We mentioned the National Centers for Disease Control and Prevention’s recent endorsement of bicycle lanes to curb obesity trends along with the Secretary of the Department of Transportation, Ray LaHood, citing Portland as THE model for 21st century US city planning, and it now appears more organizations are coming online in support each month. The Journal of the American Medical Association (JAMA), and the American Academy of Pediatrics (AAP) recently reference complete street implementation by name or in principal, and the much anticipated Moving Cooler report released by the Urban Land Institute discusses the impact CS have on lowering greenhouse gases. As anticipated by early Urbanism advocates, the snowball effect from the success of sustainability planning from cities like Portland and Boulder would translate to not only noted increases in “livable streets” but also as engines for economic revitalization for blighted urban areas. There are now 108 US cities officially ranked as Bike-Friendly, with major bicycle infrastructure in place, and hundreds more are online now or in various stages of development. In six years, our sister city of Fort Worth will stripe 470+ miles of bicycle lanes, and rank as one of the most impressive bicycle communities in the nation.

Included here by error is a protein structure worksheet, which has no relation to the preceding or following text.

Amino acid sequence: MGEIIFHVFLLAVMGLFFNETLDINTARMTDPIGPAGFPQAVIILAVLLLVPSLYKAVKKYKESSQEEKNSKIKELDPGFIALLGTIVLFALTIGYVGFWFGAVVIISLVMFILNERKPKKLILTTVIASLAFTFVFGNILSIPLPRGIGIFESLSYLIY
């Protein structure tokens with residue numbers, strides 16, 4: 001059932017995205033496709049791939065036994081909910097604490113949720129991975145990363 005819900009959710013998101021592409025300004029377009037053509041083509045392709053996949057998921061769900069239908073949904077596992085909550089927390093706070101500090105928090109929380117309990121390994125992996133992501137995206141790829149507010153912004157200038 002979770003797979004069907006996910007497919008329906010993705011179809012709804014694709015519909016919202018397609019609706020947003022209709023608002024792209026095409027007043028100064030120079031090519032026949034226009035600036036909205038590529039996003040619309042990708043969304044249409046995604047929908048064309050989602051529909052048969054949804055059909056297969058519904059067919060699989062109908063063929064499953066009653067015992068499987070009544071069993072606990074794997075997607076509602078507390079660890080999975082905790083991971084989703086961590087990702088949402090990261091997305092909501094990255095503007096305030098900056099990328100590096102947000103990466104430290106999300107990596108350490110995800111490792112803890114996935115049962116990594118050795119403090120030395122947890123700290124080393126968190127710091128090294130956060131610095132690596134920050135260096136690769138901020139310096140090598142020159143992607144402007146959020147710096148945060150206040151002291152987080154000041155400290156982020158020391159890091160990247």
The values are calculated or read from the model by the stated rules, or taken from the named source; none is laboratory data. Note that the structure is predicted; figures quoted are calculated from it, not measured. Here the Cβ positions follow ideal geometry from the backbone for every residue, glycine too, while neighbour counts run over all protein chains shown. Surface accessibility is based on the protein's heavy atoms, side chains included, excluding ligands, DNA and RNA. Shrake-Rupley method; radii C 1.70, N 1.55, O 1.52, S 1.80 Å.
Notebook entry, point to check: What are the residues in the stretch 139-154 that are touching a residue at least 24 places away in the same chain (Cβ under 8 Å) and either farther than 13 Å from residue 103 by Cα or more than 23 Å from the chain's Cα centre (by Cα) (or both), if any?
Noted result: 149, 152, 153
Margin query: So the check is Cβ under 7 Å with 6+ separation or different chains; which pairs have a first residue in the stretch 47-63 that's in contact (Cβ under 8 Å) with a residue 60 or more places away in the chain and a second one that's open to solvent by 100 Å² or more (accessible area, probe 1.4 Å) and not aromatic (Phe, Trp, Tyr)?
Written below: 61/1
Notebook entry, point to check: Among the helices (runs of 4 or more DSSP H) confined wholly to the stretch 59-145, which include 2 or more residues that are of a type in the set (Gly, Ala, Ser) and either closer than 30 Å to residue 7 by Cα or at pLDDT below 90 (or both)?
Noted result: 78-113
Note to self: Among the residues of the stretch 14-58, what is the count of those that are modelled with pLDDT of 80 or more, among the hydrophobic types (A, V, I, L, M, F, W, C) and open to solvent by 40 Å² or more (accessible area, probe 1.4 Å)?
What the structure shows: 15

From the Complete Streets blog:
“The “Health Impact Assessment: A Step Towards Health in All Polices” (subscription required), JAMA discusses the important role Health Impact Assessments (HIAs) can play in enabling project planners to consider the community health effects a particular project or program is likely to have. JAMA gives the example that while air pollution and injury prevention are common in transportation options, the effect of road design on physical activity and obesity is not. HIAs that recommend complete streets would thus cover that public health aspect.
Second, AAP highlights the role physical inactivity has on childhood obesity in “The Built Environment: Designing Communities to Promote Physical Activity in Children.” The policy statement discusses the role a community’s built environment has in encouraging or discouraging physical activity. The statement suggests that in addition to providing green space and recreational facilities for children, establishing policies and programs that enable children to walk or bike to and from school are critical in meeting the recommended daily minimum of 60 minutes of physical activity. This “incidental” exercise can be encouraged by implementing complete street components such as traffic calming single-lane roundabouts, pedestrian islands on high traffic streets, and improved sidewalk aesthetics to made children’s walks more enjoyable.”